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The International Writers Magazine

Blood Diamond (2007)
Directed by Edward Zwick
Screenwriter Charles Leavitt
Starring Leonardo DiCaprio,Djimon Hounsou,Jennifer Connelly,
Kagiso Kuypers, Arnold Vosloo, Michael Sheen
Holly Joy review

Diamonds are forever! A symbol of love and beauty!To the majority, a diamond ring or necklace would be an expensive treat symbolising love and loyalty. Those lucky enough to receive one will wear it with pride. I am sure that these feelings would change after watching this film; I know mine did. Witnessing the struggle of finding the diamonds through slave labour, held at gunpoint, having no other thought in their minds but ‘am I going to survive the day?’ is far from the thoughts of those receiving a sparkling diamond.

I would have never considered going to see a film such as Blood Diamond; the trailer was full of action packed violence with a gangster like background to it. However, after hearing that the film was based on true facts and events it intrigued me and I felt as though I should go and watch it.

The film was nothing like I expected; it was so intense I felt as though I was involved within the film. Scenes are extremely graphic, yet utterly realistic, explosive violence and torture are shown, but this is to emphasise the pain and struggle of everyday life in Sierra Leone, which others around the world take advantage of.

This film forces fantasy back to reality, conflict diamonds may be beautiful stones and worth a lot of money but they are also cost a lot in blood and lives, which many consumers seems oblivious to. The plot outlines the process of the world diamond trade from when they are found to being shown on models in major cities across the globe.

There is a strong storyline of African poverty and the struggle to survive. Through Solomon Vandy played by Djimon Hounsou, we see the daily chore to feed his family. His village was invaded by the Sierra Leonean Rebels, and after capture he is forced to work the mines or be killed. Later he is the key to a deal involving a huge diamond hidden by him in the bush.

Enter Danny Archer played by Leonardo DiCaprio.
Danny uses his skills and keeps his link with the South African army to become part of the smuggling trade of the diamonds in order to make a lot of money. When he hears of Solomon he arranges for the man to be freed. He uses Solomon every inch of the way, seemingly uncaring of the troubles Solomon has experienced.
Meanwhile there is one journalist in town, Maddy Bowen played by Jennifer Connelly, come to tell the world the exact story behind confict diamonds. All she needs is help from those who know, people like Danny Archer, who, of course isn't going to tell.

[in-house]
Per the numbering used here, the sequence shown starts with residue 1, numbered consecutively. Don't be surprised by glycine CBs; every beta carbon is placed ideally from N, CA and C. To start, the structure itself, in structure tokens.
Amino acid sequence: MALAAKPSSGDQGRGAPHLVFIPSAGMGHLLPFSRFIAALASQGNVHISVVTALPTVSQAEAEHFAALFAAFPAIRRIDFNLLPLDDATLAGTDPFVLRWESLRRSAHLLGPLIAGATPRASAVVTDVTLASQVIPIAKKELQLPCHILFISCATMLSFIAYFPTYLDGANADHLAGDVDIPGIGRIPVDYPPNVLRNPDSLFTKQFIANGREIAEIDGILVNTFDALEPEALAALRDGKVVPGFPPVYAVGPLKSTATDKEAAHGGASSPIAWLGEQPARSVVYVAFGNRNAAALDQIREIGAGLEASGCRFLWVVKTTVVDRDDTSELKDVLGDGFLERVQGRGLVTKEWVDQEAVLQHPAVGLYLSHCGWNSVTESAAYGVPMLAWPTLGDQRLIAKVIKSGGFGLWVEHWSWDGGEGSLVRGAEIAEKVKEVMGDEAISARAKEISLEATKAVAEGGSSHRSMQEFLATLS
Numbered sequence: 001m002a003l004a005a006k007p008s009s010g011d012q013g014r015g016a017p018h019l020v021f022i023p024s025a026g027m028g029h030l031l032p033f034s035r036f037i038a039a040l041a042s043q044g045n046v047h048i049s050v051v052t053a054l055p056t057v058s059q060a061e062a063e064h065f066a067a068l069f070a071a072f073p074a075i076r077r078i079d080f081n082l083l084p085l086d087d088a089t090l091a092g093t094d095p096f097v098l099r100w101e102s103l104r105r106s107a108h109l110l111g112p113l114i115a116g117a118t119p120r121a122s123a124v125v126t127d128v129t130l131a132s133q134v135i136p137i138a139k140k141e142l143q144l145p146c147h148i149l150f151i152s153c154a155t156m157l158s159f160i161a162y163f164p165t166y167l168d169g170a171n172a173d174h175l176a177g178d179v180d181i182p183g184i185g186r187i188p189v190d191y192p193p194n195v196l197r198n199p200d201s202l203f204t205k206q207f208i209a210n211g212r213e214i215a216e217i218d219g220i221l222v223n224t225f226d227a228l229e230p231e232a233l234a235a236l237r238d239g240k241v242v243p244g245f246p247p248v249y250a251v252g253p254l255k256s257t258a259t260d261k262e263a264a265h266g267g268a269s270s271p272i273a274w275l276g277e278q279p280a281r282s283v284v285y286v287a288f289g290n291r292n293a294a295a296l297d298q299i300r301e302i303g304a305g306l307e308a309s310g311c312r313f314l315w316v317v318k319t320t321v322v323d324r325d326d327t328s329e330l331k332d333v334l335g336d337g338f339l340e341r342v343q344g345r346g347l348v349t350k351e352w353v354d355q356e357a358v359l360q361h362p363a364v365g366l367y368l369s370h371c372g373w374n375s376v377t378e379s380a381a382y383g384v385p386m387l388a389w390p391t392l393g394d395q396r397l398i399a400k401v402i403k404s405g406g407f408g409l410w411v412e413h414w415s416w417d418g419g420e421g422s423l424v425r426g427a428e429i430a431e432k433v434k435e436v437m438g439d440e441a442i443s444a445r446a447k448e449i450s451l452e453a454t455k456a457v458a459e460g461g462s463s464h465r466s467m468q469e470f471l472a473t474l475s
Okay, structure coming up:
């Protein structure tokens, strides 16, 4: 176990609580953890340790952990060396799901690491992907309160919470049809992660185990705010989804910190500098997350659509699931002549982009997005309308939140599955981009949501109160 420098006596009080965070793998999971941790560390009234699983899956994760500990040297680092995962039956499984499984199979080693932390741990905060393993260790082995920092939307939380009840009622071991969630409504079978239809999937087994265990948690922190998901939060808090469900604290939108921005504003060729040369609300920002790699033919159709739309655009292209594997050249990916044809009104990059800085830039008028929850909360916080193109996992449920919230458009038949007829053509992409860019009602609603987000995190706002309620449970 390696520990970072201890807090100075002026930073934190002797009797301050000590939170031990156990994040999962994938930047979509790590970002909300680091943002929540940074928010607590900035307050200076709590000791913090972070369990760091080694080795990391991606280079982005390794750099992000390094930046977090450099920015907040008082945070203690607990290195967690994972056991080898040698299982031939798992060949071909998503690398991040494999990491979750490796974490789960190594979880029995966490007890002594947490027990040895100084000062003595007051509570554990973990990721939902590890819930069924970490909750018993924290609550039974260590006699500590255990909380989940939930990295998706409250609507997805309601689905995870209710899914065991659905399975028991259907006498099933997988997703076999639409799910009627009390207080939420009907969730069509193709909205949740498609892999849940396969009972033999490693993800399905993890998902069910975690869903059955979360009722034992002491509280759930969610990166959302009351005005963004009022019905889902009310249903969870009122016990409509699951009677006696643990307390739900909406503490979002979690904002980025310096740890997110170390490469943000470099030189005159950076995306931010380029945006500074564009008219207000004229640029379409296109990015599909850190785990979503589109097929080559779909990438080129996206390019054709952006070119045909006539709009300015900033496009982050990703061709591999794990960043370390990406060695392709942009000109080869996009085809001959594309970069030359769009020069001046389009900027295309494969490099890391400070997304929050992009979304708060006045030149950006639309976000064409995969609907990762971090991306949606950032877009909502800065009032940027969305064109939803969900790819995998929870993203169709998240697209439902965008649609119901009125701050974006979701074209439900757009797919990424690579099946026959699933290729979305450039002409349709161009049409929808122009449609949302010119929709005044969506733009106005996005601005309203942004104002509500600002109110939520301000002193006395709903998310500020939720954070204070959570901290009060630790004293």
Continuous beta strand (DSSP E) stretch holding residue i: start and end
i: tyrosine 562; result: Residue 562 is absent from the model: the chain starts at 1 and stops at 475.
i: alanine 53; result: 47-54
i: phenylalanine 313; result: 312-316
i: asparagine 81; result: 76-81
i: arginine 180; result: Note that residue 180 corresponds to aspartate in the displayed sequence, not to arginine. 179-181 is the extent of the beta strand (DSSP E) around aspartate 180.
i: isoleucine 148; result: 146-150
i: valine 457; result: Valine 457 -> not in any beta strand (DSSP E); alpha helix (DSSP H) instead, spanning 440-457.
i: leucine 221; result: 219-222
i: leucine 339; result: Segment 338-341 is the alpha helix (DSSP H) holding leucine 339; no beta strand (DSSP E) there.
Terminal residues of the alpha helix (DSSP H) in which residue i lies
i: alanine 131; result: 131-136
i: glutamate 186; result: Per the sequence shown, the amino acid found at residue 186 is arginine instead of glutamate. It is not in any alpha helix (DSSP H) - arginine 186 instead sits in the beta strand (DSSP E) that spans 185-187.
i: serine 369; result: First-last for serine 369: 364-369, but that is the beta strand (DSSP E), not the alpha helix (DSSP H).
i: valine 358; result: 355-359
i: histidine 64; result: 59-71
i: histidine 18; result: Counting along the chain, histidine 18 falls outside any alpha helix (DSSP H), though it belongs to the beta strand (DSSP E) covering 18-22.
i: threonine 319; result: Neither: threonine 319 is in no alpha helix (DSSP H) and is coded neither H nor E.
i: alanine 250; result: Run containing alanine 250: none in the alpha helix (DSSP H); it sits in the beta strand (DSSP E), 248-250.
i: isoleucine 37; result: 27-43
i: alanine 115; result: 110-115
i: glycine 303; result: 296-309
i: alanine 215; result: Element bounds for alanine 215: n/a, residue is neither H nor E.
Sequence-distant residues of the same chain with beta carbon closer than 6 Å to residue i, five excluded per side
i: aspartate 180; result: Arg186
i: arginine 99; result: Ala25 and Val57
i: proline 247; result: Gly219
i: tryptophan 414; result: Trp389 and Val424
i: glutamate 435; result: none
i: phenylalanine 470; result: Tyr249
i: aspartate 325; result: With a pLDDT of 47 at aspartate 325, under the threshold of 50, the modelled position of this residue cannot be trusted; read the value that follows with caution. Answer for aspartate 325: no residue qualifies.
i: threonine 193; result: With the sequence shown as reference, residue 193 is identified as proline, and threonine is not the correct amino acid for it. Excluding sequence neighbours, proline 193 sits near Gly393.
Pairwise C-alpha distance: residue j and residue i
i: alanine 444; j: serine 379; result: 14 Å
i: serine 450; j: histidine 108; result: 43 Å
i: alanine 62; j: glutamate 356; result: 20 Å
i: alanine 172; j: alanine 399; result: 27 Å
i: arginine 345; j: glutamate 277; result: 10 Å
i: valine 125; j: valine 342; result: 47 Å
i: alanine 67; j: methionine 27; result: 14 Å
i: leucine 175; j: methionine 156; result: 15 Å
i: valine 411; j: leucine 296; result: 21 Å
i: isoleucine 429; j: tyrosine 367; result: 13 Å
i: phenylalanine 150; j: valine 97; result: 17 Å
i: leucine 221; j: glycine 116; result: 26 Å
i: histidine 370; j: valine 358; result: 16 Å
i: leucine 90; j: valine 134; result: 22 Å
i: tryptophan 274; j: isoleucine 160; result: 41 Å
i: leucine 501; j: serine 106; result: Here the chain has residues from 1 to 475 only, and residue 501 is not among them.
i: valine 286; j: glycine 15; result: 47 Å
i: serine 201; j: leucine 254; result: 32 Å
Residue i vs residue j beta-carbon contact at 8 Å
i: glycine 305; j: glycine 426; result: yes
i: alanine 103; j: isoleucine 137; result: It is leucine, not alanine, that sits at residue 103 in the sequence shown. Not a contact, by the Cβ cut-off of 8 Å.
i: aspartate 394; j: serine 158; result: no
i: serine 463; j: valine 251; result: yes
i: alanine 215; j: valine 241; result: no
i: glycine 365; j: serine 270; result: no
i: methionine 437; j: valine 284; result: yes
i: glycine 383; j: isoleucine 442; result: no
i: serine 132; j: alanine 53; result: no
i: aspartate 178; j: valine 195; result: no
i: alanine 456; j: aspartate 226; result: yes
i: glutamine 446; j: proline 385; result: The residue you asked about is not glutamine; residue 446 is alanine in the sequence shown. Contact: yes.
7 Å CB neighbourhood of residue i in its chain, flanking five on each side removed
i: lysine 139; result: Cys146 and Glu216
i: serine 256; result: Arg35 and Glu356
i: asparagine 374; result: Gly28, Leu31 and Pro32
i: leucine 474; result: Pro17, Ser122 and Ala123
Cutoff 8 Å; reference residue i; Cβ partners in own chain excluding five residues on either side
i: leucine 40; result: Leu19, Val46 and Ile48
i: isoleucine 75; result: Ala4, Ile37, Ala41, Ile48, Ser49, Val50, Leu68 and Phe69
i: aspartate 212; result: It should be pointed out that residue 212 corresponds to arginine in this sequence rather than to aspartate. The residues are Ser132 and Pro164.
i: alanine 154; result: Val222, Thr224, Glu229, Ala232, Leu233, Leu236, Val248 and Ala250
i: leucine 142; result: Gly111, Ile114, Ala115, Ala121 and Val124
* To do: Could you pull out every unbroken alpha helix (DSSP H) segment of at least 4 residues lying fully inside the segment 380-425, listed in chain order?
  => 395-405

Personally, I found the film extremely informative. I think that this story will make other members of the public take a moment to think of those less fortunate in life. The closest those people will get to a diamond is digging it out of mines with a shotgun pointing directly at their head. This film may edge people into wanting to help those in Africa, and although political problems have been noted within Africa, it needs something more visual to force people to pay full attention. This is what ‘Blood Diamond’ does. Jennifer Connelly’s character is therefore reflecting the political thoughts of society. For example, she mentions that her report could just end up being another story that people read and discard, what she needs is pictures, facts and statistics. The only way to get people to understand the real horror is to show them; shock them, enable the readers to relate to stories involving African poverty and anarchy.

Leonardo gives a brilliant and credible performance as the anti-hero from Zimbabwe and you realise that he too has experienced Africa's horrors. Dijmon Hounsou is brilliant as Solomon and together the two men eat up the screen.

Although this drama was made as entertainment, I learned something from it,even through many of the scenes I found myself covering my eyes trying to block out some of the graphic details of the fighting. However, this made me realise the problems other countries and continents face everyday. These people are unfamiliar with the daily luxuries of life like a home and somewhere safe to sleep, they are constantly fighting for their lives both day and night. Children are kidnapped from their loving families and are made to kill innocent people, forced to take drugs and perform criminal offences, which is out of their power as if they do not they will be killed instantly. This is not how a child should grow up, but without help from around the world there is no stopping these horror stories.

I thoroughly enjoyed the themes and storylines of this film as it widened my knowledge of events happening in the world around me. I don’t think I would ever be able to look at another diamond in the same way.

© Holly Joy Feb 20th 2007>

Holly is about to graduate from the University of Portsmouth Creative Arts programme

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